February 10th, 2020 | Neuroscience vs Psychometrics. How To Research The Human Mind?

Neuroscience vs Psychometrics

This text was fully written by a human.

For the whole last decade, I was fallen in love with Neuroscience. I first found out about the concept of investigating the human brain during my undergraduate studies, and from the very start, I knew that this was what I was going to do for a living. The human brain was such a challenging and fascinating concept! And, here is what I think now.

Neuroscience vs Psychometrics: Which Tool Is Better To Investigate the Human Mind?

For the whole last decade, I was fallen in love with Neuroscience. I first found out about the concept of investigating the human brain during my undergraduate studies, and from the very start, I knew that this was what I was going to do for a living. The human brain was such a challenging and fascinating concept!

I studied Physics, Mathematics, and Psychology in the College of Inter-Faculty Studies in Mathematics and Natural Sciences at the University of Warsaw at that time. In my undergraduate studies in Psychology, I chose a specialization in Psychometrics which was the most scientific among all the available specializations.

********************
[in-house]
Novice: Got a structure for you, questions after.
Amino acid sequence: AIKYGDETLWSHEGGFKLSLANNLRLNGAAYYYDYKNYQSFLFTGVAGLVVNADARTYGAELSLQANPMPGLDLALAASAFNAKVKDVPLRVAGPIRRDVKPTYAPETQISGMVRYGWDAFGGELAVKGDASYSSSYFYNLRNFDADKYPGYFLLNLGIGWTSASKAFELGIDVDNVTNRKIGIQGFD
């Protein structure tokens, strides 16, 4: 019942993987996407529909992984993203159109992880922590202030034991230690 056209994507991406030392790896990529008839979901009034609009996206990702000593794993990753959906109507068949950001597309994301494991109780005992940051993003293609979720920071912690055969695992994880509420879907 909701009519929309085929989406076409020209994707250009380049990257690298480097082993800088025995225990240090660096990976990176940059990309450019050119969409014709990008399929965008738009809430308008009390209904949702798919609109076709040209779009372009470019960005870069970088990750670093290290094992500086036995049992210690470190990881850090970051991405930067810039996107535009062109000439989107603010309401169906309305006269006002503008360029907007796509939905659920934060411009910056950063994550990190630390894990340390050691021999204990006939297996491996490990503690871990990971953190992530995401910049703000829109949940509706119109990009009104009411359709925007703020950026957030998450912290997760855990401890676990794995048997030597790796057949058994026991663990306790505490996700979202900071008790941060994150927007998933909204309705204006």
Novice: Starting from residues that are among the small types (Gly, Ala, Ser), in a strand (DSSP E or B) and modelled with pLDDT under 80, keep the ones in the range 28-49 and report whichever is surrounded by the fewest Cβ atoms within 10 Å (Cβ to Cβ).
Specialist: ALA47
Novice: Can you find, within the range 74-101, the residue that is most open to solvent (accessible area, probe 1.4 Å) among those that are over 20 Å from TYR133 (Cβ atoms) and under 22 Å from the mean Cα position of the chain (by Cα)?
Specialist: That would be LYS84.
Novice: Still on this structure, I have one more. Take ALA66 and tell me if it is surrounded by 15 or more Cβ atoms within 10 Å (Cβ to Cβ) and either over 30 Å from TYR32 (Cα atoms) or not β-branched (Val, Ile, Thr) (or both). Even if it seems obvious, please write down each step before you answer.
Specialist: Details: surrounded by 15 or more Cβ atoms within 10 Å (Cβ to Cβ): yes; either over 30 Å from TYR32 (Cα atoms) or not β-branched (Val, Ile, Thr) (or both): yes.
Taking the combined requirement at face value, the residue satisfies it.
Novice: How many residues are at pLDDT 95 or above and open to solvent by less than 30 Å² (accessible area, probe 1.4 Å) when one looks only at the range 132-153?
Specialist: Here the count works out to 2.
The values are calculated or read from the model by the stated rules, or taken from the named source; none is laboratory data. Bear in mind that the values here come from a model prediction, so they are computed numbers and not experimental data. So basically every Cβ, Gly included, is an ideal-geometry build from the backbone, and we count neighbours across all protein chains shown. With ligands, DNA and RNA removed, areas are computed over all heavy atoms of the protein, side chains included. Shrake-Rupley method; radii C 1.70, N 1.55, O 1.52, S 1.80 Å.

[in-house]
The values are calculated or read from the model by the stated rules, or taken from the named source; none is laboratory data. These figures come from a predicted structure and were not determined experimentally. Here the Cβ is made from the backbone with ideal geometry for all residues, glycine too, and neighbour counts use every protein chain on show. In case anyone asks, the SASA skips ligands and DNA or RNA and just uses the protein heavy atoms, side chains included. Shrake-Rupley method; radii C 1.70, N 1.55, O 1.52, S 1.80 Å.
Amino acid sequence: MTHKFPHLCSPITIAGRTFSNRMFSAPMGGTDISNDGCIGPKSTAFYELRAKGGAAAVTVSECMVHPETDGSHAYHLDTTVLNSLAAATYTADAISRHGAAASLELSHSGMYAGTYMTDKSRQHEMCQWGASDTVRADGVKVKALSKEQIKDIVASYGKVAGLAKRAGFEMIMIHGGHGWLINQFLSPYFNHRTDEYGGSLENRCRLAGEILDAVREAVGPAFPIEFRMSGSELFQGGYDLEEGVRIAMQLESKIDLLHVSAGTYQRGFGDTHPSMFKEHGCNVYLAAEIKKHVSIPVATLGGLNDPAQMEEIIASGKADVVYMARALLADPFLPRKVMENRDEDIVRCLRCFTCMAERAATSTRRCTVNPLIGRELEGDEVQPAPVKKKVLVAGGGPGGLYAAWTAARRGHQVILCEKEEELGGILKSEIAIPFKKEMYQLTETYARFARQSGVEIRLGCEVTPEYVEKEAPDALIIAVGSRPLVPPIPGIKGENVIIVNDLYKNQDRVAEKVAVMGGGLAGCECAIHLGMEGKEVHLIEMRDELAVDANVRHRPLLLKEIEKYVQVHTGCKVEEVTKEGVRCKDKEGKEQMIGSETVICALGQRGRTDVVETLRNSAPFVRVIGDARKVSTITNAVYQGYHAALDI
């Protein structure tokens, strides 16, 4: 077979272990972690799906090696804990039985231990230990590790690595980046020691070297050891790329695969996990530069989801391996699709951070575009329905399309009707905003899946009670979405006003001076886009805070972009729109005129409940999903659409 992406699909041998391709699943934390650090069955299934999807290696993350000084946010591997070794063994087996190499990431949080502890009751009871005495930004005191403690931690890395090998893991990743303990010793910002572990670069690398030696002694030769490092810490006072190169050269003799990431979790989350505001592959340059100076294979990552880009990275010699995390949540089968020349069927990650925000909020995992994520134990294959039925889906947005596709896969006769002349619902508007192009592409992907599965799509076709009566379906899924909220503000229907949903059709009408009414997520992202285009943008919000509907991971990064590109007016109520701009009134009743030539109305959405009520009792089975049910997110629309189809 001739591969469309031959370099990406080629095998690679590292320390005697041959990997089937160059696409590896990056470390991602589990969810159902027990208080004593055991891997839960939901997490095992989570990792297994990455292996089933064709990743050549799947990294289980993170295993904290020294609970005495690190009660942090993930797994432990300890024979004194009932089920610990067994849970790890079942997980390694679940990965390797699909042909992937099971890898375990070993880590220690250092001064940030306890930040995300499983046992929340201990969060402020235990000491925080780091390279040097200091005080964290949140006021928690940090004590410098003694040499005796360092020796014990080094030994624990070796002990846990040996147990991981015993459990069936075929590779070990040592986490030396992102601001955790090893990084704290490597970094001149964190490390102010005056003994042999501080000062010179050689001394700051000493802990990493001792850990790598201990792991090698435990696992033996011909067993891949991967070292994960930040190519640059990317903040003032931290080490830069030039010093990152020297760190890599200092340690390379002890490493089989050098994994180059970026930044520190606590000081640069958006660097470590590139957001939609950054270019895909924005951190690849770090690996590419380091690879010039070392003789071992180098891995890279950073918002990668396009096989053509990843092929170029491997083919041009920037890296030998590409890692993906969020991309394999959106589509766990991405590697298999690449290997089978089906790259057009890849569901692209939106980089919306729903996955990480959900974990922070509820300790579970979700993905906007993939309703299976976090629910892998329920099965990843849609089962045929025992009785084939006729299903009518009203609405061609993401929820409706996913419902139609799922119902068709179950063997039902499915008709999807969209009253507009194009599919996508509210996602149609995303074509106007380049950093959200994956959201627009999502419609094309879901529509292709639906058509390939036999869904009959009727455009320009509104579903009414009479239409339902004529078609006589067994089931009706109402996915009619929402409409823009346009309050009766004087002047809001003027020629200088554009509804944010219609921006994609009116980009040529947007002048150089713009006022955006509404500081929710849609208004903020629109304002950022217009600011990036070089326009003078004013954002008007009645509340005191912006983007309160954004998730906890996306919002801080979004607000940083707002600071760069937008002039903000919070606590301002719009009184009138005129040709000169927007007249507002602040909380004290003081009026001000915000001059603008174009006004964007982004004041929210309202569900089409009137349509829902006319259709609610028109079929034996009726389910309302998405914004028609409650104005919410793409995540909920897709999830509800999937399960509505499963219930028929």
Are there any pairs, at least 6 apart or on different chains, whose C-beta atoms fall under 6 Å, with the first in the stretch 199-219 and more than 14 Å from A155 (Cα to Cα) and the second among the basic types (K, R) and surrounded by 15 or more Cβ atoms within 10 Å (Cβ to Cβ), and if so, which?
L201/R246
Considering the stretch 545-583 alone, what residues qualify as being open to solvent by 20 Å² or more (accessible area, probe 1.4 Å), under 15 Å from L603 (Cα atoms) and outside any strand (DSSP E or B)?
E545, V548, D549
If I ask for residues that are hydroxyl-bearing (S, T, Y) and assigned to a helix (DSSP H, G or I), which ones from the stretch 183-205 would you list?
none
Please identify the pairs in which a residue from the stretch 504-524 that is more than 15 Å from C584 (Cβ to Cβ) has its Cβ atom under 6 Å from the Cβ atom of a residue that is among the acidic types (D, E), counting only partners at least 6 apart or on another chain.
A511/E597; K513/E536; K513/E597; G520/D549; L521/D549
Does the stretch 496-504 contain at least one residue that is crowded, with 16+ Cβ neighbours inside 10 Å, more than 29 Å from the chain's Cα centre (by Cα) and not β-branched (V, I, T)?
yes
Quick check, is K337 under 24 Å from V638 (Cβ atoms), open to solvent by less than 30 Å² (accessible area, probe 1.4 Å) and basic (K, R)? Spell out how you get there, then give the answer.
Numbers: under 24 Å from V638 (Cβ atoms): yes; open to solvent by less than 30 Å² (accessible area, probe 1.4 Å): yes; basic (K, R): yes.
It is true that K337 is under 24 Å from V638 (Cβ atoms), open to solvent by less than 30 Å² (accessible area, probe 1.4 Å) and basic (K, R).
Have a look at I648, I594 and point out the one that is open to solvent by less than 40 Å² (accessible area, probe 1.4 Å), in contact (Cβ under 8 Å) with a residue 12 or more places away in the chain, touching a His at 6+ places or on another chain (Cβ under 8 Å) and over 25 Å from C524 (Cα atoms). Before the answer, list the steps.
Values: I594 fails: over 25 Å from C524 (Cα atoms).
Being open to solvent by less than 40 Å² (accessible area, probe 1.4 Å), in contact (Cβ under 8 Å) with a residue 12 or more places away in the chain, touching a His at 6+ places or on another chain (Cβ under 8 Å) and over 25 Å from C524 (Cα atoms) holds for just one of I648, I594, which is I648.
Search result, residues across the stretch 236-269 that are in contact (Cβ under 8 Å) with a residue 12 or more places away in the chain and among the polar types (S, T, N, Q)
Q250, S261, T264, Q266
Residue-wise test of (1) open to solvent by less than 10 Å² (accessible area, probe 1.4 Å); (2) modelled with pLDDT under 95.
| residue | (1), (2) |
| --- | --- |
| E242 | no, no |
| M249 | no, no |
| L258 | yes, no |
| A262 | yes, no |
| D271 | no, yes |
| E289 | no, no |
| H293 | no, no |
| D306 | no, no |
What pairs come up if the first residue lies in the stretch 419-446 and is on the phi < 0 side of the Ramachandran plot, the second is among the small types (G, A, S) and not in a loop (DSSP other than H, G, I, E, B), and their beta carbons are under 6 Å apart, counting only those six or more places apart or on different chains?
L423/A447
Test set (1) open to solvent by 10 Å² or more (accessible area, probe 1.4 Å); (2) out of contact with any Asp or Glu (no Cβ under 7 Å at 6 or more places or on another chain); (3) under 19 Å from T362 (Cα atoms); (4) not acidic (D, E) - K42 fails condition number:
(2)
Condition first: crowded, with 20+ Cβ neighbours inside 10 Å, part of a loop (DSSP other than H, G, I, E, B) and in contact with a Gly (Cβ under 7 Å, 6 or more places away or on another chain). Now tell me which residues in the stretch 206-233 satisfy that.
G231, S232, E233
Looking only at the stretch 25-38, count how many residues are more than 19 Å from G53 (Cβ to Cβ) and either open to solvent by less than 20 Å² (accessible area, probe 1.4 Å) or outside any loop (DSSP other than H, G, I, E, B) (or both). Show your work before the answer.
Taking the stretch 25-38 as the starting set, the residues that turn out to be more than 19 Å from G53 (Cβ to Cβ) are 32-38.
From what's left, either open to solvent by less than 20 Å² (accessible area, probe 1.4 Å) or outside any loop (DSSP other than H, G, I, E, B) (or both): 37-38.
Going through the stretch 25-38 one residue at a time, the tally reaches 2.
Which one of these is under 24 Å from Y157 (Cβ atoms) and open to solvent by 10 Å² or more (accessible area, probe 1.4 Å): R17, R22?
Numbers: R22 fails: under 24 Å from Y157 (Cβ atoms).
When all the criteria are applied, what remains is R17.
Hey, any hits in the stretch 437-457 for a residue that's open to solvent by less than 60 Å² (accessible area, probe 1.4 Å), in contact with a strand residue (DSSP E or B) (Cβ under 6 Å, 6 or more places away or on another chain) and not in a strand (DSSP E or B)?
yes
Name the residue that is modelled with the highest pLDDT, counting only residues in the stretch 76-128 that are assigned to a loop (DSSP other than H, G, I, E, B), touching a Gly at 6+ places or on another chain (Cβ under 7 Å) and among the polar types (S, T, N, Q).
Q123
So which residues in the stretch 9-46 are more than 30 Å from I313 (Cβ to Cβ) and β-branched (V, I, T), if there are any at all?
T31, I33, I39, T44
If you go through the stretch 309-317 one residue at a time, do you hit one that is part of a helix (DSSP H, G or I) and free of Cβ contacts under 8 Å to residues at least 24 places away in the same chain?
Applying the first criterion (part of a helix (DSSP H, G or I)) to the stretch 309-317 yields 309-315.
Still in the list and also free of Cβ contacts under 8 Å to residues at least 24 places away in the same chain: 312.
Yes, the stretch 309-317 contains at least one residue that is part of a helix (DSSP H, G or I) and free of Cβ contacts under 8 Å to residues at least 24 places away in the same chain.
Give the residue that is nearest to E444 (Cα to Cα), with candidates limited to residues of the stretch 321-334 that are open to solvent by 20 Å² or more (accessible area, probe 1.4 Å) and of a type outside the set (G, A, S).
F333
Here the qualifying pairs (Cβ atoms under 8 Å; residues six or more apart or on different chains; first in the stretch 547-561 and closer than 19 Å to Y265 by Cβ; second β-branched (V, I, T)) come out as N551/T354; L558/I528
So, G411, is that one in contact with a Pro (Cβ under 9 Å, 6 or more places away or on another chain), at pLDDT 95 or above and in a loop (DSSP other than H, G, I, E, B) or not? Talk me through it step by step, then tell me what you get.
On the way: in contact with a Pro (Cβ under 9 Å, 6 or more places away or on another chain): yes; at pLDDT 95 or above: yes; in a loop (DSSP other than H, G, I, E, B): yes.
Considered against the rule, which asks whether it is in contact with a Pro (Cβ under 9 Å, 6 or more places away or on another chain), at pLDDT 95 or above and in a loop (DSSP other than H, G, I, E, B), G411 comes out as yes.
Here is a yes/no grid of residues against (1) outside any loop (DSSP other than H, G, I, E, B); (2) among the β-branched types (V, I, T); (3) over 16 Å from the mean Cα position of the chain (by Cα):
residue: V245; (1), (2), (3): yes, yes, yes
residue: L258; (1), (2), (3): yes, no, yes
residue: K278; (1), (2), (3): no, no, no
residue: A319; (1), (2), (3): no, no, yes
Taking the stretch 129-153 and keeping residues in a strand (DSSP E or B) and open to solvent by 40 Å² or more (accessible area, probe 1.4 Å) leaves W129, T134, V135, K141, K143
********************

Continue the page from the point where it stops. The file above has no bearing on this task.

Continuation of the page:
Psychometrics is all about conducting behavioral research studies in humans: constructing tests and questionnaires, standardizing these tools on a representative (typically, adult) population, and validating them by comparing the results with results from other tools that might measure similar traits. 

The Common Critics of Psychometrics.

I remember myself running around the city with a bunch of papers and asking my friends from the Physics Faculty to fill in some tests for me. Most of them were not the happiest while filling in these tests and often complained that self-descriptive tools cannot give an objective measure for any personality traits or talents.

To some extent, I agree with them: it is very hard to make an objective test or questionnaire, for a few reasons. Firstly, it is hard to make a questionnaire in which the questions are not burdened with social approval to some extent. For instance, when asked “Do you learn faster than others?”, most people would answer “yes” as they have a biased perception of themselves.